It’s good news for sure, but doesn’t reduce the demand to see changes, à la Lahey Report, in management of all Crown land currently subject to harvest
On Healthy Forest Coalition Facebook Page:
ML: I hope that this case serves as an example of the benefits of engaging in the public process. Minister Iain Rankin, you have the utmost thanks of the St. Margaret’s Bay community for acknowledging the significance of this area to our community and ecological systems that are in such need of preservation.
Obviously, there are flaws in the process and most would like to see the process improved, but let this be a call to action; differences can be made with enough persistence.
Although this assessment represents a great stride in the right direction, the fight to protect the Ingram River Wilderness Area is far from over. We will continue to need support from other organizations, the public, and politicians.
Emails and letter of support will always go a long way to show that you also want to see the Ingram River Wilderness Area designated. Please help support this reasonable request to protect 9 % of the St. Margaret’s District.
with reference to a post on Protect the Ingram River Wilderness Area:
The St. Margaret’s Bay Stewardship Association (SMBSA) is thrilled about the announcement on Friday, January 11 of a Wilderness Assessment for the proposed Ingram River Wilderness Area (IRWA). The SMBSA extends its heartfelt thanks to Minister of Lands and Forestry, Iain Rankin, for taking the next steps in preserving the ecological and community values that are so important in the proposed Wilderness Area.
Conducted in partnership between the Department of Lands and Forestry and Nova Scotia Environment, SMBSA Chair, Nick Horne, says, “We’re confident this assessment will highlight, not only the pockets of old forest, with high conservation value, but also the extremely high social value this area holds for our community.” Horne adds that the very high conservation value of the area was recently further demonstrated when, he says, “A stand of eastern hemlock that has probably never been harvested with many trees over 200 years old identified, an extreme rarity and a very exciting find in Nova Scotia.”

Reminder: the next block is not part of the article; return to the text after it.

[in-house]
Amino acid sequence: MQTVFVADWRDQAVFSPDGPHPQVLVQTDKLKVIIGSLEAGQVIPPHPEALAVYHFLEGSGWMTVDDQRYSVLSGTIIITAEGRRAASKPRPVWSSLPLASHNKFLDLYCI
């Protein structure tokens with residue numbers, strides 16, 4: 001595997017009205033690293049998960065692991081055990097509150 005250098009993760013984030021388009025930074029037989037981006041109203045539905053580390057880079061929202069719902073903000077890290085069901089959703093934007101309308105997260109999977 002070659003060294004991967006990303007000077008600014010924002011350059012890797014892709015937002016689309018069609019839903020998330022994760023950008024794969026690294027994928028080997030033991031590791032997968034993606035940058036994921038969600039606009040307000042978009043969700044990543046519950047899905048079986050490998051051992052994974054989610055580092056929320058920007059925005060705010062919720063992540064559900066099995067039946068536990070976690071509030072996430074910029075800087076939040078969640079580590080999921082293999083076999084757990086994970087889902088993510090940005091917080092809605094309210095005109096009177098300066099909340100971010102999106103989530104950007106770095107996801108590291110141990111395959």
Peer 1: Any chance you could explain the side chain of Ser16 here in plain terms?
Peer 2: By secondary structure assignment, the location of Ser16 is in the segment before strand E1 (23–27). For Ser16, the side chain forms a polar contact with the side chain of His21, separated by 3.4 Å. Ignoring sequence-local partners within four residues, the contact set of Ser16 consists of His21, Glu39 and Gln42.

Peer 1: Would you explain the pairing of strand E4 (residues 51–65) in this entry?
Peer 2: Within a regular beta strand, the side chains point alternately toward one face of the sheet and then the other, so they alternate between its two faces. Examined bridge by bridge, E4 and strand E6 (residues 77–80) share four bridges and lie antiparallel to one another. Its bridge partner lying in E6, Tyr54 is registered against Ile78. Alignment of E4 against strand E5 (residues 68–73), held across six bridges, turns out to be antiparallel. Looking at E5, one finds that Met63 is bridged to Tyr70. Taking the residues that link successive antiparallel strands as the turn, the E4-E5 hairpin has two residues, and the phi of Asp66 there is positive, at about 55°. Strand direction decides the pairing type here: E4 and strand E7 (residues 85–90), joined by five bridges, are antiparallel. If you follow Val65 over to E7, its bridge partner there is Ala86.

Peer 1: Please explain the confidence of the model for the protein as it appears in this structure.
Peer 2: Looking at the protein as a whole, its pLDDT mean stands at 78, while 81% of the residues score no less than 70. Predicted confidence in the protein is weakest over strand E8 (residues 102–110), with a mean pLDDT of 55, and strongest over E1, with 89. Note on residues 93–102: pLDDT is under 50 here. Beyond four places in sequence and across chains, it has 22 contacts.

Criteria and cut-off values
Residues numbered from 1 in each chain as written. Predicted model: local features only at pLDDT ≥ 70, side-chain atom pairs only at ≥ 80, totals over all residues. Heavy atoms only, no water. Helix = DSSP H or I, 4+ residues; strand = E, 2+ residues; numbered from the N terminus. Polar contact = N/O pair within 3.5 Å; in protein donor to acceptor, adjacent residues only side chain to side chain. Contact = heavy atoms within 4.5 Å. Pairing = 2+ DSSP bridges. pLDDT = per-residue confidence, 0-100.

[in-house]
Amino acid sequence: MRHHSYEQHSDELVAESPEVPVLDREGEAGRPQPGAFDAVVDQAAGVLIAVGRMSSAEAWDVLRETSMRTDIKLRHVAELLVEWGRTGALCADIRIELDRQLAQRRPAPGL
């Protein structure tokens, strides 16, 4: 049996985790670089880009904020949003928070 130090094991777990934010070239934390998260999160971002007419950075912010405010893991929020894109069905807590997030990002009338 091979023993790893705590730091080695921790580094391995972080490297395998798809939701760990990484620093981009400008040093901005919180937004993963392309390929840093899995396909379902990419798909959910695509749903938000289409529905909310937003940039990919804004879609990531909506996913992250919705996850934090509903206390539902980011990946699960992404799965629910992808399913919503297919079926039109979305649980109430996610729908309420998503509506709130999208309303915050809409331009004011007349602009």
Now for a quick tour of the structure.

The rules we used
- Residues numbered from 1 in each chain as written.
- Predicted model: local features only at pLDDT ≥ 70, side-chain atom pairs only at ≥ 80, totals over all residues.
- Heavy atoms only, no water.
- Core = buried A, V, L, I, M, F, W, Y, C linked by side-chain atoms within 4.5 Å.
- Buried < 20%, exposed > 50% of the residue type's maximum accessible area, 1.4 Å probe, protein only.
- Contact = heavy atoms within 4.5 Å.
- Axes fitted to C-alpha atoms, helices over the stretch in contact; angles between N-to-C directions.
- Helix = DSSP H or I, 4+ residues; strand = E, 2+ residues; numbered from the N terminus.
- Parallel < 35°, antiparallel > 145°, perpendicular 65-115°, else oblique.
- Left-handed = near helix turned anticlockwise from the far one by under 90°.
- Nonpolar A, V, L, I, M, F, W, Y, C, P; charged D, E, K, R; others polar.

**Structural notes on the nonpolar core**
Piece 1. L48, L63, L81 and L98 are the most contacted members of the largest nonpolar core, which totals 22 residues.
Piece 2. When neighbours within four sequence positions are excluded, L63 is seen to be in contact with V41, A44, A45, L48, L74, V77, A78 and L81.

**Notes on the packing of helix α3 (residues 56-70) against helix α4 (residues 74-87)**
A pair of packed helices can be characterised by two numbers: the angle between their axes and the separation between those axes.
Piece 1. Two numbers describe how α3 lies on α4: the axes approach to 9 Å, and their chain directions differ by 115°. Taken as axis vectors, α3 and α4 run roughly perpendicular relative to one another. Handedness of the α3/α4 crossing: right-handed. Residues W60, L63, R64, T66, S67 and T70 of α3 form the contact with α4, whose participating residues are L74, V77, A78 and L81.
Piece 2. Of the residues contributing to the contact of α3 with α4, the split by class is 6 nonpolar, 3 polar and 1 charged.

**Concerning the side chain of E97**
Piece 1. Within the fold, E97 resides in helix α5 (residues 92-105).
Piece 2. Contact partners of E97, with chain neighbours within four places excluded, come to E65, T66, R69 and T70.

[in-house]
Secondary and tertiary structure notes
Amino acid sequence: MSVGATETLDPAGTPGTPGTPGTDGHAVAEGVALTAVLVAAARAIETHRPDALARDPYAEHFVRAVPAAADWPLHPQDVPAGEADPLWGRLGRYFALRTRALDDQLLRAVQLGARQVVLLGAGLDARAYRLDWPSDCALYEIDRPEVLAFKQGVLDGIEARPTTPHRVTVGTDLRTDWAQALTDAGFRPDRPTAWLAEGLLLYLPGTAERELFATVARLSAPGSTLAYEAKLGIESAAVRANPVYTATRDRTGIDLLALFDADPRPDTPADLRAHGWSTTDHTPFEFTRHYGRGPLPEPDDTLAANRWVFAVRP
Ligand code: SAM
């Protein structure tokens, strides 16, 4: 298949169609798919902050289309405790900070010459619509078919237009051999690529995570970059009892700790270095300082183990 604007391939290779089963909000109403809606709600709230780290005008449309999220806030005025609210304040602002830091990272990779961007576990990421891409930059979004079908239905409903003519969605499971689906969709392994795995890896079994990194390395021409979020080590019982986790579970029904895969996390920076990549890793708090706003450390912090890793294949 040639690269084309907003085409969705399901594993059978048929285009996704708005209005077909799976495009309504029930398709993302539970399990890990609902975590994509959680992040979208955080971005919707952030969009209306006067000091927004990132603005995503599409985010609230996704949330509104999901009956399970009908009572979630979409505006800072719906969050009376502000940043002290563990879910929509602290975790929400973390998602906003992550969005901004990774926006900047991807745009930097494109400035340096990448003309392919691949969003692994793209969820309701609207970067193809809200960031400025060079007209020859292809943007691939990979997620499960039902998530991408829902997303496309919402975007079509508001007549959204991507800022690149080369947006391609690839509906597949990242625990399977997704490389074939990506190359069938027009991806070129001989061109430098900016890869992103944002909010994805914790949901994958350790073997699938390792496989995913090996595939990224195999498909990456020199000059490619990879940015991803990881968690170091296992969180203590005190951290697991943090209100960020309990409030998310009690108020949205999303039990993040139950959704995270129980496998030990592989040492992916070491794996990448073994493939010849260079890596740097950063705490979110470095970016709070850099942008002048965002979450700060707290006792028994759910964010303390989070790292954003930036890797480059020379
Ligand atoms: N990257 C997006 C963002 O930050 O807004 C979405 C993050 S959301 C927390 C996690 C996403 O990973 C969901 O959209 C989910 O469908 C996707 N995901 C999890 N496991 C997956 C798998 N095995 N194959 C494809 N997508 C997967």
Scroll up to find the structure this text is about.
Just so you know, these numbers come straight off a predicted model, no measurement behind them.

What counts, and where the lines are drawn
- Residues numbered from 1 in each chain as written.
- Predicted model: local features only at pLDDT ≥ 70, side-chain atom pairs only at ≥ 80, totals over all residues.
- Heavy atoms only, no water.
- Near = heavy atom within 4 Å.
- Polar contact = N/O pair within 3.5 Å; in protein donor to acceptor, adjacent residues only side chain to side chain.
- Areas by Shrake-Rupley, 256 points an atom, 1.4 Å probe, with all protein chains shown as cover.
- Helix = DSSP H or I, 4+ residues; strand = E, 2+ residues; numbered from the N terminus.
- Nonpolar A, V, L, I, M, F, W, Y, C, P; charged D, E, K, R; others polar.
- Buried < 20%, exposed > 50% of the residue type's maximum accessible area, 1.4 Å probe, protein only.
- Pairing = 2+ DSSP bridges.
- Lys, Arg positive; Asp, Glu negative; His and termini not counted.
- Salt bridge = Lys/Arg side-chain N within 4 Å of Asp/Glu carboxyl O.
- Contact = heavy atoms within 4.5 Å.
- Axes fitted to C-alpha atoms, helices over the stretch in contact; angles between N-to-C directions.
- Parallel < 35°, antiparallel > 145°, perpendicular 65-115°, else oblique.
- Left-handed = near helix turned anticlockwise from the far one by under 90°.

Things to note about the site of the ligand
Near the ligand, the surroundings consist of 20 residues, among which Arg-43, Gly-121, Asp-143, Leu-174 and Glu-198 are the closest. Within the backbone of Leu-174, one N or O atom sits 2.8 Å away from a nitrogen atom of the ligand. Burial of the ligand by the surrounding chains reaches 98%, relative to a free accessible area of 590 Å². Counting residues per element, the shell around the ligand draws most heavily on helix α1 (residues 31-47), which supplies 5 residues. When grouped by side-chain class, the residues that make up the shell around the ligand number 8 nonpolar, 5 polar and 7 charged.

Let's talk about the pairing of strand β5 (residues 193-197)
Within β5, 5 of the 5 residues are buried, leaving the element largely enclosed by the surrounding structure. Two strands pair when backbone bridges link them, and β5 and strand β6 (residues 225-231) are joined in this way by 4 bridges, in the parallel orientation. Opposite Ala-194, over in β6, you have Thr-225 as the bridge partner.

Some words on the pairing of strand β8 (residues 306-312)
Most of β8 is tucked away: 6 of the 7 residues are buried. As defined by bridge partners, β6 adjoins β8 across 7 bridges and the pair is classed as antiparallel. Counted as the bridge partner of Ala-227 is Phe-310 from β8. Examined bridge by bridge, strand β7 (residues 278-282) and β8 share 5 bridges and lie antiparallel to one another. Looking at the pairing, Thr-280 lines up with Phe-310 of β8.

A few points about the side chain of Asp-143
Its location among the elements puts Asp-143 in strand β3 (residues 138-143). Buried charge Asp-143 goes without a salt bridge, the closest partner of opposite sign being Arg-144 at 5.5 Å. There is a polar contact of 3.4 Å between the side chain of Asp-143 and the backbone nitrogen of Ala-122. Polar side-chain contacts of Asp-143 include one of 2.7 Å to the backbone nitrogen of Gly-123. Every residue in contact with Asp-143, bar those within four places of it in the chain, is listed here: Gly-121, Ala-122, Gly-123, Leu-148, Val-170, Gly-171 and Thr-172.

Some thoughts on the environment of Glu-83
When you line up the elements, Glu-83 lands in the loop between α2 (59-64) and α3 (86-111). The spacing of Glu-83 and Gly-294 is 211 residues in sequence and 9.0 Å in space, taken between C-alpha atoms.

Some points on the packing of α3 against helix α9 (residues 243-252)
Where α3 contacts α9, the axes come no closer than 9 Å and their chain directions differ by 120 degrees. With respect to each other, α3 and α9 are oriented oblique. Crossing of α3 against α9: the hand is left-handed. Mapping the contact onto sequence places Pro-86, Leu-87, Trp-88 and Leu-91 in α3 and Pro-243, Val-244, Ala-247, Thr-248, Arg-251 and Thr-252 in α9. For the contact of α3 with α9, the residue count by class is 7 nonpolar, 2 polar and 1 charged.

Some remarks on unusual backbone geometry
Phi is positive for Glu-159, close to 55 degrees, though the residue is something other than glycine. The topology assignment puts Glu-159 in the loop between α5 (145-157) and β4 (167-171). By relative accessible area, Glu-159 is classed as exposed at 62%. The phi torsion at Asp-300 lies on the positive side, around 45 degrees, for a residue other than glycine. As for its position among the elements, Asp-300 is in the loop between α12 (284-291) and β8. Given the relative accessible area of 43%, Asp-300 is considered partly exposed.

The SMBSA says the planned assessment shows that both the Department of Lands and Forestry and Nova Scotia Environment understand the tremendous potential of the proposed IRWA to support the provincial goals of land protection, and the area’s role to support community values, such as hunting, hiking, Off-HWY-Vehicle use, canoeing, and kayaking.
Although this Wilderness Assessment is exactly what the area needs, and what the SMBSA has been requesting for many years, Horne adds that the Association is “deeply concerned that additional harvests are to take place even as the assessment is being conducted,” adding, “It seems most appropriate that all harvests in the proposed Wilderness Area be deferred while the study is underway. Any forest harvests occurring during the study period will impact the findings and conclusions.
The SMBSA notes the protection of the IRWA doesn’t mean the St. Margaret’s District (of the former Bowater-Mersey lands) will be unbalanced, leaning too heavily towards land protection, as the proposed Wilderness Area comprises roughly 9 percent of the entire District. This allows for the continuation of forestry operations in the remaining 91 percent. Says Horne, “Our Association sees the request that the province protect the Wilderness Area as more than reasonable to ensure that a balance between preservation and industry is achieved, and ecological and community values are preserved in the area.”
The designation of the IRWA will also bring the District closer to the recommendations of the Lahey Report. Currently, the St. Margaret’s Bay District has only an 8 percent protection rate, while the Lahey Report calls for closer to 30 percent, using the triad approach to balanced land and forest management.
Horne says, “The St. Margaret’s Bay Stewardship Association is looking forward to working closely with both the Department of Lands and Forestry and Nova Scotia Environment to ensure that this assessment is holistic and all-encompassing, and that it accurately assesses the value of the proposed Ingram River Wilderness Area.”